The ACS Globalization Design Document proposes using a file naming convention to specify the encoding of template files (see "Naming of Template Files To Encode Language and Character Set"). I'm still sorting this out for Planet. The likely solution will be that, when reading in a system-wide template, we'll use latin-1 encoding to read the file. When reading in a localized template, we'll use whatever encoding acs-lang specifies for the locale. I think the relevant code is template::util::read_file.

Note: you need to use tcl Encoding here, thus something like this if called for:

set fd [open somefile.adp r]
fconfigure $fd -encoding [ns_encodingforcharset [ad_locale charset

We'll need to work out whether the encoding of localized templates matches the encoding specified by acs-lang. Submitting localized templates by pasting them into a form and then storing them in the database (or writing them to disk in Unicode) seems like it might be a more foolproof system in the end for doing this.

acs-lang admin pages

The gp/acs-lang admin pages should probably be smart about alerting users if they try to enter a MIME charset that AOLserver doesn't understand when setting up a locale. [ns_charset] can be used for the check.

That's all folks!

The mechanism suggested above for determining the charset to return will always choose a specific charset and never utf8, even if the browser indicated that it can handle (and prefers) utf8 in the Accept-Charset header. I would suggest to add a call to ns_choosecharset to the mechanism, which already implements a selection mechanism based on the preferred charset list given by the browser.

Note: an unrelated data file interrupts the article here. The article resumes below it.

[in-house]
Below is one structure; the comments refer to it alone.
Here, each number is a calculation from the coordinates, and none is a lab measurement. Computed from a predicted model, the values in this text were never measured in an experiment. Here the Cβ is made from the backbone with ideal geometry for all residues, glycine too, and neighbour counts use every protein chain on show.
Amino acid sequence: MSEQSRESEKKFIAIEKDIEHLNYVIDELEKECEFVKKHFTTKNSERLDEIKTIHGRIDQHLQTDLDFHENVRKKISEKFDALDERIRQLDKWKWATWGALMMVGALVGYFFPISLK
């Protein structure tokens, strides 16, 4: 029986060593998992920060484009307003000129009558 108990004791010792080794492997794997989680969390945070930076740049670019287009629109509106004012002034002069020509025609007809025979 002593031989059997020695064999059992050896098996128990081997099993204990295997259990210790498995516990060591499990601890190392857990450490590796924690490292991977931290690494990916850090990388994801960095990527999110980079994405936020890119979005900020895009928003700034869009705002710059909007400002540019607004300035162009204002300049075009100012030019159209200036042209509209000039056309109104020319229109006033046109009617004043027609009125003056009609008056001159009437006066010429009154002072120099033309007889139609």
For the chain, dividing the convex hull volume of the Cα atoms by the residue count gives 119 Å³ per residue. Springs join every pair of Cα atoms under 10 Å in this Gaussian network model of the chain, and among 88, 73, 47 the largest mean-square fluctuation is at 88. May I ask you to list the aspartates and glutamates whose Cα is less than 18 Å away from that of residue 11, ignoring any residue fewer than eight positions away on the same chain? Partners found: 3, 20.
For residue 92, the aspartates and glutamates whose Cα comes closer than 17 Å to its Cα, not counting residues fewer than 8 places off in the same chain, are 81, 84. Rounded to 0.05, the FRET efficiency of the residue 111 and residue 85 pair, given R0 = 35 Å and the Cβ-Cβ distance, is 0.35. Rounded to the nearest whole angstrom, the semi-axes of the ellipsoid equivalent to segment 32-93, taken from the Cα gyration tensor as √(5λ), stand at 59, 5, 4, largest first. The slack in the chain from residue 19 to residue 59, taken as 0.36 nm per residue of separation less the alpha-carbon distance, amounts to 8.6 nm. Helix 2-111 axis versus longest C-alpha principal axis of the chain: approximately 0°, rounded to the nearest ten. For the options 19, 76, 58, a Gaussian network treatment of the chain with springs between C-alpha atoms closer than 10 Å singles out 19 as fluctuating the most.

My take on Tilman's suggestions was that using ns_choosecharset to determine the charset would complicate troubleshooting character display problems down the line... but that's just a hunch.

It would be nice to know what percentage of browsers hitting Planet DO accept utf-8, as well as what other charsets are accepted for Asian locales that potentially use different charsets (for example, shit_jis and euc-jp are used in japan). I wonder if this information can be deduced from browser stats, or if it would be worthwhile writing a bit of code that asks browsers for charset preferences and records them (along with client IP and locale) in a table?

Has anybody written code to collect statistics on the charsets accepted by their visitors (I guess simply recording the Accept-Charset header would be sufficient)?

Or does anyone know of other sources on the internet that provide some statistics on this, especially on the question how widespread utf-8 aware browsers already are?